Greater Insight into Perpetrators of Domestic Abuse Needed to Prevent Their Behaviour, says Academic


Professor of Psychology Liz Gilchrist, Head of the University of Worcester's National Centre for the Study and Prevention of Violence and Abuse, says that, while research has revealed a lot about common behaviour that happens alongside domestic abuse, there is still much more to be explored.

She says the more we understand about the attitude and background of the abuser, the better we can develop intervention strategies to prevent children from growing up to be abusers.

Professor Gilchrist will be exploring issues surrounding domestic abuse and how our thinking about it and responses to it has changed as part of her inaugural professorial lecture on Wednesday, February 22.

She said: "It is important that we understand this area in greater depth; more critically and with greater theoretical awareness so that we can respond better to known abusers.

"This should allow us to also develop better early interventions to reduce the likelihood of youngsters becoming abusers and improve safety planning for victims, increasing safety and wellbeing in families."

Professor Gilchrist will look at various aspects of intimate partner abuse, and not only physical violence, but also, control and the use of other abuses.

This could include the restriction of activity and the use of emotional abuse for example, threats, humiliation, and isolation, and psychological abuse.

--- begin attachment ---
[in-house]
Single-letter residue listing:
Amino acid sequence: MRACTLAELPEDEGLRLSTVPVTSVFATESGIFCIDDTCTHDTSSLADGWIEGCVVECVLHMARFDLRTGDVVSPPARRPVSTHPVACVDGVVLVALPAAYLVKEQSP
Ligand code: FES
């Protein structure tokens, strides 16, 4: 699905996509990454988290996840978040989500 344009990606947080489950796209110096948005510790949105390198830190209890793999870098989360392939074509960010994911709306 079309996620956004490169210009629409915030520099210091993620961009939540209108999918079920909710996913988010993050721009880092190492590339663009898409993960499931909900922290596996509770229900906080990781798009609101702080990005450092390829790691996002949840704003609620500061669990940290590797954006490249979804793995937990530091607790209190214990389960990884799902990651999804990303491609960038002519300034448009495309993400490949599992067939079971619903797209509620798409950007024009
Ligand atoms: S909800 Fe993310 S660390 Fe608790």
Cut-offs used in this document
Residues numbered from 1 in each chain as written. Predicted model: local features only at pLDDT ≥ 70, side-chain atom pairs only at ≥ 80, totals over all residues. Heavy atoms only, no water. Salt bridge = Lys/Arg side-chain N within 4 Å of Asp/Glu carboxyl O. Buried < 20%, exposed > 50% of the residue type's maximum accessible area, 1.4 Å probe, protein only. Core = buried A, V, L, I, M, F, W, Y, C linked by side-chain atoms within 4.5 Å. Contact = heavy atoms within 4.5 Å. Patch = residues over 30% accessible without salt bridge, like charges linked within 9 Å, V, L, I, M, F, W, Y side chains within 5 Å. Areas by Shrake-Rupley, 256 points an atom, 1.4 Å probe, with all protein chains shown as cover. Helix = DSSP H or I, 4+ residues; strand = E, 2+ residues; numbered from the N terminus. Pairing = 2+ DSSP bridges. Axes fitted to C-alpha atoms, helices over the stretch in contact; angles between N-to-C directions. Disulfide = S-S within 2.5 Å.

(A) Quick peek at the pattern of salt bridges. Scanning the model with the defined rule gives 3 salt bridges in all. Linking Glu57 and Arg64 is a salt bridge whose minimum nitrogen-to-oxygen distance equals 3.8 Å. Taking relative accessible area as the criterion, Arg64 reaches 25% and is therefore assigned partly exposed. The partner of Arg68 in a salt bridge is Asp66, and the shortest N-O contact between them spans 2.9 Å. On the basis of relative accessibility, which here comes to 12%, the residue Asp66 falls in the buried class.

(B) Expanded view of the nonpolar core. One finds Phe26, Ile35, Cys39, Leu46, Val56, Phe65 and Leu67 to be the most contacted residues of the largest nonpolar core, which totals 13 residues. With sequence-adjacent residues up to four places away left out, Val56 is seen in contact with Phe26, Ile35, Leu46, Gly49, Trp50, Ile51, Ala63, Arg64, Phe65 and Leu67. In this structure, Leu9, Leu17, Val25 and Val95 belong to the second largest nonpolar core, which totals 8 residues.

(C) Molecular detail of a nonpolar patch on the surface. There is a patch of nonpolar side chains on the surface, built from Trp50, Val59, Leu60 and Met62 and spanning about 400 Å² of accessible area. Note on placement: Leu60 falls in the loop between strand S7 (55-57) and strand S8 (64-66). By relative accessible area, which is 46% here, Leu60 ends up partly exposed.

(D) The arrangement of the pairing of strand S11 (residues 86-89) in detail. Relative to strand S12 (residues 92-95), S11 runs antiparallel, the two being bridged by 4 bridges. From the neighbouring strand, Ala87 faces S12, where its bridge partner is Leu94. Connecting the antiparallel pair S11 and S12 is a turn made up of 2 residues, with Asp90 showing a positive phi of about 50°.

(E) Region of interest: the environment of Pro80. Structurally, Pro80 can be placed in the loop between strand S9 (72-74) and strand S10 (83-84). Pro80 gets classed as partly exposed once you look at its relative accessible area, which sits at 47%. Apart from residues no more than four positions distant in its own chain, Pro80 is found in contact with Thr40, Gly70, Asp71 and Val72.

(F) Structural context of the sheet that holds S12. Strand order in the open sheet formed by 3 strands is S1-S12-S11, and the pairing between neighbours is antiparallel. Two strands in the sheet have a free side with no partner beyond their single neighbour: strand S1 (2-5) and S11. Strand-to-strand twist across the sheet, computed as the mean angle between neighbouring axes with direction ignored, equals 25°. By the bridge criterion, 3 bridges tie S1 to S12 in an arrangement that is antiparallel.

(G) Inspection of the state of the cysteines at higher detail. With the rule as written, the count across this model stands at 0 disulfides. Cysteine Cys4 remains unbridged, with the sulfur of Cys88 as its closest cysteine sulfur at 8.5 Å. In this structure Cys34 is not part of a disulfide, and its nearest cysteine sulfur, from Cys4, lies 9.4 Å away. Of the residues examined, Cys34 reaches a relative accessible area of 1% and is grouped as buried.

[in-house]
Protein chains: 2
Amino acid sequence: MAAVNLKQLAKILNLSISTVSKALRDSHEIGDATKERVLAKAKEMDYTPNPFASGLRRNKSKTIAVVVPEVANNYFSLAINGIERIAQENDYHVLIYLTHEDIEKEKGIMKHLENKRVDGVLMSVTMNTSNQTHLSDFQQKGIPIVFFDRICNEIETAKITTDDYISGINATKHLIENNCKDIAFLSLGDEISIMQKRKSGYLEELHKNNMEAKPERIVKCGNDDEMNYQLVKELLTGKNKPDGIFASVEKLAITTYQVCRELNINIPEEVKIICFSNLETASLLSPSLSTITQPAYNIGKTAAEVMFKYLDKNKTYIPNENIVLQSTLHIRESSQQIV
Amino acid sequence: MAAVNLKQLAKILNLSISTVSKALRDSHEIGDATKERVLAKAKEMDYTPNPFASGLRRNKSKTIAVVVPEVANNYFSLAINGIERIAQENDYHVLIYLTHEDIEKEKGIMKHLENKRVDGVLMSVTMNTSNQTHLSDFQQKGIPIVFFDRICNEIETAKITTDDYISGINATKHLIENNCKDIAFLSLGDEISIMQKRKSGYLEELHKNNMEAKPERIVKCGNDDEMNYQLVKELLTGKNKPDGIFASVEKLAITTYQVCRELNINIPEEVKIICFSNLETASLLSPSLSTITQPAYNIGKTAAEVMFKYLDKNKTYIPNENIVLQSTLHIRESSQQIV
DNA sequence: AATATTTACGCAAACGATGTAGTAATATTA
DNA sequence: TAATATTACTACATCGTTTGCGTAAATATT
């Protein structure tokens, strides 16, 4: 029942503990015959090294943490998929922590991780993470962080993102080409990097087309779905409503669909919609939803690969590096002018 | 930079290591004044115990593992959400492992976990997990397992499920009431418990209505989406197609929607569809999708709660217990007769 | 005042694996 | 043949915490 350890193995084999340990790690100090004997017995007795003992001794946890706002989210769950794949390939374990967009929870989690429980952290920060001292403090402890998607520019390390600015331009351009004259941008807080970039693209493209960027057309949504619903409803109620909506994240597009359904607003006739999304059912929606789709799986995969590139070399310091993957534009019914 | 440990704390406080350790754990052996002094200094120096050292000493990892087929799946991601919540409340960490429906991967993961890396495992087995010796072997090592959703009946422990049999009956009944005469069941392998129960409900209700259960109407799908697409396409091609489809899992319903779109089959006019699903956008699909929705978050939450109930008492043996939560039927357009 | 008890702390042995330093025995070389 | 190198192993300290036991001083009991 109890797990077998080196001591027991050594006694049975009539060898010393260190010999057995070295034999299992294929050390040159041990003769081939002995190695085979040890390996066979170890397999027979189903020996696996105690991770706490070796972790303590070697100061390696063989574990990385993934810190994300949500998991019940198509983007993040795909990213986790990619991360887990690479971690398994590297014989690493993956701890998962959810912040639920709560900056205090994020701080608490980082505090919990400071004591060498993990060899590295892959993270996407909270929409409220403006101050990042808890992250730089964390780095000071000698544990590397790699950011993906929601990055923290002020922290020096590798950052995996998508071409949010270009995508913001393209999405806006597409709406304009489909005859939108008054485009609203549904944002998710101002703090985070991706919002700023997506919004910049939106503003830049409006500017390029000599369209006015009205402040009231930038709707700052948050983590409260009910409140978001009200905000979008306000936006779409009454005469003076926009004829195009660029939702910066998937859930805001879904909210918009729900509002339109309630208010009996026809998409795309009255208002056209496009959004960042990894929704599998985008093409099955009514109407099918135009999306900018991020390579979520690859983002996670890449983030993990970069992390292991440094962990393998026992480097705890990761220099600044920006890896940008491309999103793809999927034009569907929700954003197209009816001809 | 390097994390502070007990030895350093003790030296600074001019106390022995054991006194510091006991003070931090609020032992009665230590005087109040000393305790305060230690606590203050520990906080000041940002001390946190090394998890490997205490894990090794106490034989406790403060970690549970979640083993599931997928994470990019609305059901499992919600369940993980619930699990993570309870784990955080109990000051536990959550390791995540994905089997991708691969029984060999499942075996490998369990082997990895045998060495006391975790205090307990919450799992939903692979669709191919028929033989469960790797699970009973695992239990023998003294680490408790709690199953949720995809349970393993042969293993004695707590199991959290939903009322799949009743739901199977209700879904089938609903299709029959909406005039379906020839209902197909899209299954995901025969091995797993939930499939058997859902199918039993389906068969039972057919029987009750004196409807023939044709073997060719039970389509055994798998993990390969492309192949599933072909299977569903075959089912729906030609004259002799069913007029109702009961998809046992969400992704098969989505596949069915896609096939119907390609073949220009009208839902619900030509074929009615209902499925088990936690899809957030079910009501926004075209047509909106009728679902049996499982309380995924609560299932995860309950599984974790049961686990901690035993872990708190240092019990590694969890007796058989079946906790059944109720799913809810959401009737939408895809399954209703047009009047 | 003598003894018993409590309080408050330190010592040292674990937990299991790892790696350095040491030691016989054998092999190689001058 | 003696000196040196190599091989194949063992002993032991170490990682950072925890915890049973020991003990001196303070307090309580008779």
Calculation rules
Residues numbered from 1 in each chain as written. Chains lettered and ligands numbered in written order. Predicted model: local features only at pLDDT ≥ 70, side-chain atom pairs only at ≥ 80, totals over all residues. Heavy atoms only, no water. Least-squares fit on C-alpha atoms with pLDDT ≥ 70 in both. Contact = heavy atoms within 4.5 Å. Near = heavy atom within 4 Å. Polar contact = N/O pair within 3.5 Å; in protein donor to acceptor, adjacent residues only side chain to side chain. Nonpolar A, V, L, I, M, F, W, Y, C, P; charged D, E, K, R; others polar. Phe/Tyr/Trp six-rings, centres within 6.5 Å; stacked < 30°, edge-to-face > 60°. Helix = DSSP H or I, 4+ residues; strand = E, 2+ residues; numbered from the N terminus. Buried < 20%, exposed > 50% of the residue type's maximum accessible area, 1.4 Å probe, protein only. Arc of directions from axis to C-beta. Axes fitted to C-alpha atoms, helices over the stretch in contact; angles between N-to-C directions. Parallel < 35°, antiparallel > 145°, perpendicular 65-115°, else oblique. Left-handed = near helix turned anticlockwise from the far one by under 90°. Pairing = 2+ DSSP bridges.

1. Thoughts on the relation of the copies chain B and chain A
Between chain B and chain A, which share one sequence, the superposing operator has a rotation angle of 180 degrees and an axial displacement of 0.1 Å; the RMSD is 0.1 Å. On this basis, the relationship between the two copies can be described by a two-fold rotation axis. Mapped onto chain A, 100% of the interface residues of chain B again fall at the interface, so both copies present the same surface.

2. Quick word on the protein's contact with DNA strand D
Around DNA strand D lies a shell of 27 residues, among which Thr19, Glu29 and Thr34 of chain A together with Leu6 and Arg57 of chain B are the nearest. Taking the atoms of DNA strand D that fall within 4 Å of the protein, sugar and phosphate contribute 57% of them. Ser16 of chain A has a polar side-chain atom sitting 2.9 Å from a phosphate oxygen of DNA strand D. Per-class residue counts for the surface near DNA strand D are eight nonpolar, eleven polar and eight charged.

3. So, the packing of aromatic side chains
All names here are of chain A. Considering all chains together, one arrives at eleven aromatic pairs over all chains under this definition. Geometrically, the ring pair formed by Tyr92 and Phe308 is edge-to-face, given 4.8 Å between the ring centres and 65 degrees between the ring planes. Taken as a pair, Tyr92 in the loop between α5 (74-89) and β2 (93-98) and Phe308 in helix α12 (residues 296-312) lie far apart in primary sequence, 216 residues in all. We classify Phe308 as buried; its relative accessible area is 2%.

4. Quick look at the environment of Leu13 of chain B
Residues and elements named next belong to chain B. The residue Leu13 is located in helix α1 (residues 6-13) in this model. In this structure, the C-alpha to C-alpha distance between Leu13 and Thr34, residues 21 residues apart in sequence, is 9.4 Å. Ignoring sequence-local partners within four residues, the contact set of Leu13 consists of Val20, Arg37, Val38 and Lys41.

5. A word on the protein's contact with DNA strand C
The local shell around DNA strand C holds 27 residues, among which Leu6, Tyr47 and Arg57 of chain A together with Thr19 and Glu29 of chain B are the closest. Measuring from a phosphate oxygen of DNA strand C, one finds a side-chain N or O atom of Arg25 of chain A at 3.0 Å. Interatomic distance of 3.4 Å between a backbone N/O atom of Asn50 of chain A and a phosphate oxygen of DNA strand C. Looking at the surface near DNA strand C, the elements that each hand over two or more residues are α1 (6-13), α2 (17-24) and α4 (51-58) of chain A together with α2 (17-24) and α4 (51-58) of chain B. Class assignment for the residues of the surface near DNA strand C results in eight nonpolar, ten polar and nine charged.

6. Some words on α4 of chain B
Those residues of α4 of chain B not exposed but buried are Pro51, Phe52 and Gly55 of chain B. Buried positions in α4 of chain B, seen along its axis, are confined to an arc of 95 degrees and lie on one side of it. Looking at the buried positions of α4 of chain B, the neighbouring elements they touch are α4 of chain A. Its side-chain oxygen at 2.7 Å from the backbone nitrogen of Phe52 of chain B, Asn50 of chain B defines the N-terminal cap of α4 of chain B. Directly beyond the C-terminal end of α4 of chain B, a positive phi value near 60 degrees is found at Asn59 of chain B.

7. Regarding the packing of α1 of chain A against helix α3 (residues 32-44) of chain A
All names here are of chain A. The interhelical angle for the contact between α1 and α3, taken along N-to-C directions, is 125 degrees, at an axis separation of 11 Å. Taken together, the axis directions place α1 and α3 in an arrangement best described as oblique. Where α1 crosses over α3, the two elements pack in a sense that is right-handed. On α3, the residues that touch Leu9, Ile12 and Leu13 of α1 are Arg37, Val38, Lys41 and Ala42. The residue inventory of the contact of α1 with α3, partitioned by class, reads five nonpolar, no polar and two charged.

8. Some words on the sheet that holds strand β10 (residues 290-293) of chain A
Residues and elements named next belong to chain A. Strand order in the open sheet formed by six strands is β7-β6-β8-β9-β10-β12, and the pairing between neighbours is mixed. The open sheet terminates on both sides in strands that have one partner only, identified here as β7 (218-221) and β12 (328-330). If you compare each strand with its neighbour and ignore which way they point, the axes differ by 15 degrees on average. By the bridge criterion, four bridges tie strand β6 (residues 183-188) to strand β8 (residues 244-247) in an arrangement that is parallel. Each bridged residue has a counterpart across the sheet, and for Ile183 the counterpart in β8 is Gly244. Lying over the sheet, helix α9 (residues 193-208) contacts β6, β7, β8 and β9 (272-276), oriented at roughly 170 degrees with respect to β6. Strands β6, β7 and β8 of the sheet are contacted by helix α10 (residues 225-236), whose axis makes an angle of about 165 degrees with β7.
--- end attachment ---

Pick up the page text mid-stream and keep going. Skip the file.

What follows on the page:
She will outline positive developments in theory and practice, but also identify some areas where issues remain unresolved.

She said: "Our thinking about domestic abuse has changed, and our responses have changed, but whilst we know a lot about behaviours that commonly occur alongside domestic abuse, there is still a great deal to explore theoretically and empirically.

"For example, what do we know about whether those who commit domestic abuse differ from those who do not, for example in their way of seeing the world, their interpretation of the world, their values, and if so, how? Are there different types of domestic abuser?"

In her talk, Professor Gilchrist will also look at innovative ways of helping abusers to change and the impact of other "problem behaviours" such as substance misuse.

A leader in the field of forensic psychology and criminology, Professor Gilchrist served eight years on the Parole Board for England and Wales and six years on the Parole Board for Scotland. She works as a consultant forensic psychologist in a facility in Scotland, and has published extensively on the assessment, planning and evaluation of rehabilitative interventions focussing particularly on domestic abuse.

She has worked in various roles internationally as an advisor on the implementation and review of offending behaviour programmes and interventions in Europe, the USA and New Zealand. Professor Gilchrist is the current Chair of the Scottish Advisory Panel for Offender Rehabilitation.

Her lecture, entitled Developing a Critically Informed, Scientific Psychology of Relationship Abuses, Theories and Responses, will take place at the University's Riverside building on Wednesday, February 22 at 5.30pm and the public are welcome to attend.